Contradictory accounts clouded Iran’s announcement Tuesday that it had captured the leader of a Sunni Muslim militant group it has been fighting for years.
Iran declared that it had caught Abdulmalak Rigi, leader of the outlawed Jundallah, after a months-long operation, saying it had evidence that he and his group were backed by the United States. There were conflicting statements by Iranian officials about where he was detained.
“We had spread a dragnet and we managed to capture him,” said Interior Minister Mostafa Mohammed Najjar, state radio reported. “He is now in the claws of justice. We were watching him and his agents, but we wanted to capture him alive.”
But the rebel group, which claims to fight for the rights of the nation’s ethnic Baluch minority, quickly countered Tehran’s narrative, insisting that its leader had been captured by U.S., Pakistani and Afghan intelligence and handed over to the Islamic Republic as part of a backroom deal. The rebels did not say where he was taken.
“Very soon, we will produce documents proving American, British and regional intelligence services’ cooperation with the [Iranian] regime,” said a statement posted to the movement’s website. The pan- Arab Al Jazeera news channel said Pakistan handed Rigi over to Iranian authorities a week ago.
Jundallah, which draws inspiration from the same puritanical Salafi version of Islam as Al Qaeda leader Osama bin Laden, for several years has battled the mainly Persian and Shiite Muslim government in Iran.
Baluchis, who straddle a region that includes parts of Iran, Pakistan and Afghanistan, have long complained of being treated as second-class citizens by Tehran. They say this is especially true under the presidency of Mahmoud Ahmadinejad, during which relations between the ethnic group and the central government have deteriorated.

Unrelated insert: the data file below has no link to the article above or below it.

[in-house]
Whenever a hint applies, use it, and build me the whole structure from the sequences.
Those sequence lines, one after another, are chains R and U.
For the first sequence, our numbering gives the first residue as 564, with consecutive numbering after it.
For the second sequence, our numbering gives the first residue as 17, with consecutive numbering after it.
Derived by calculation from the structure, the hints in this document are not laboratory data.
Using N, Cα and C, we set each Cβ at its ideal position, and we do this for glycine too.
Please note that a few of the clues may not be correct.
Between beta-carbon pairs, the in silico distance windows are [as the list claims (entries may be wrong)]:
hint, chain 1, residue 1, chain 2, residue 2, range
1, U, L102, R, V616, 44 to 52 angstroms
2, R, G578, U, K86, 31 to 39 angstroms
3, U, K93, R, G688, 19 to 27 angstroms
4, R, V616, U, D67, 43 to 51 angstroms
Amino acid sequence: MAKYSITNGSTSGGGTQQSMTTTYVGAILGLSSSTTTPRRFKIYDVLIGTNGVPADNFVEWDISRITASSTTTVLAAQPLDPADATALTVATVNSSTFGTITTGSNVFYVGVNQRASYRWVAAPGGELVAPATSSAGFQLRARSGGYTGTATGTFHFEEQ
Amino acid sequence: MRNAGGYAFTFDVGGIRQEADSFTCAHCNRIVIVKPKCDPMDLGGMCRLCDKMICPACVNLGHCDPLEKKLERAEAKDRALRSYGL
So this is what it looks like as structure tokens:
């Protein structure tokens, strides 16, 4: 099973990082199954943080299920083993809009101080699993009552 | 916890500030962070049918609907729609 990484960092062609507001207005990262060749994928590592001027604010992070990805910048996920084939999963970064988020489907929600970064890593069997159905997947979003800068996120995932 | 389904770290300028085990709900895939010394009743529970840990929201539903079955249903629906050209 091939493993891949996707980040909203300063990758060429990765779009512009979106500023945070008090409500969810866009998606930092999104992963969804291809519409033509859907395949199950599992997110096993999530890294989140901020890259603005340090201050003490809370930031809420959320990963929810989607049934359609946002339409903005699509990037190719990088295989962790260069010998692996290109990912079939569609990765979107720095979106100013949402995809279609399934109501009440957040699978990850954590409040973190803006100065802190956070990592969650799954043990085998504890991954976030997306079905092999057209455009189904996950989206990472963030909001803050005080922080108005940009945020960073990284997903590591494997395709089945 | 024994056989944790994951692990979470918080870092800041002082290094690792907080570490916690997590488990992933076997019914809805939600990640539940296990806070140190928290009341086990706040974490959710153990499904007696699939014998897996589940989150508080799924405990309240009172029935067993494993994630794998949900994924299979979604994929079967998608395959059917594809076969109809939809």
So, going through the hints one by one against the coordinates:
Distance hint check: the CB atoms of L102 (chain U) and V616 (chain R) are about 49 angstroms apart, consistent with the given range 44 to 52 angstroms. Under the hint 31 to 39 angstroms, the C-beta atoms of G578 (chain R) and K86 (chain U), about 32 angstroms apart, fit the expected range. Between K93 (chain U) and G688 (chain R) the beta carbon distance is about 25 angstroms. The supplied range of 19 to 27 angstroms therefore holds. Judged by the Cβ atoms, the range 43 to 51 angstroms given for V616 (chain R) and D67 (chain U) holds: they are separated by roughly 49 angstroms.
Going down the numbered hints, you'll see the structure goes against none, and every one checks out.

Iranian officials said Rigi and his second-in-command are now in their custody after what authorities describe as a five-month operation. He faces a possible death sentence, accused of staging attacks in eastern Iran, mostly targeting the Revolutionary Guard.
Iran has long claimed that Jundallah was backed by the United States as part of a proxy war meant to put pressure on the Islamic Republic.
Intelligence Minister Heydar Moslehi showed a photo of Rigi on state television and said it had been taken at the “headquarters of Americans in Afghanistan” 24 hours before he was taken into Iranian custody. Moslehi also showed an identity card and passport purported to belong to Rigi that he said were issued by the U.S.
He said Rigi was arrested without help from other countries.
“We warn the U.S. and British intelligence services that they should stop underwriting terrorists,” he said during a televised news conference. “We have strong evidence proving Abdulmalak Rigi was enjoying support from U.S., England and some other European countries.”
A British Foreign Office spokesman hailed Rigi’s reported capture, telling the official Islamic Republic News Agency that he was “a terrorist responsible for despicable attacks which have killed many innocent Iranians.”
Numerous disparities also emerged in accounts provided by Iranian officials.
The IRNA said he was captured in Iran’s Sistan-Baluchistan province. But Najjar said he was seized in Pakistan, while Iran’s state-owned Press TV reported that he was on a flight from Central Asia to Dubai, United Arab Emirates, when his plane was “grounded” by Iranians in the Persian Gulf city of Bandar Abbas.
Television video showed Rigi disembarking from a plane, accompanied by figures in black masks.
Washington has long rejected claims that it supports Jundallah. Some analysts speculate that Saudi Arabia, which sees itself as the protector of Sunnis, was providing support to the group.
Rigi’s capture did not spell an end for the organization. His disciples, the statement posted to the website said, would continue the struggle against Tehran “in ways the Iranian government will not be able to imagine.”
Special correspondent Ramin Mostaghim in Tehran contributed to this report.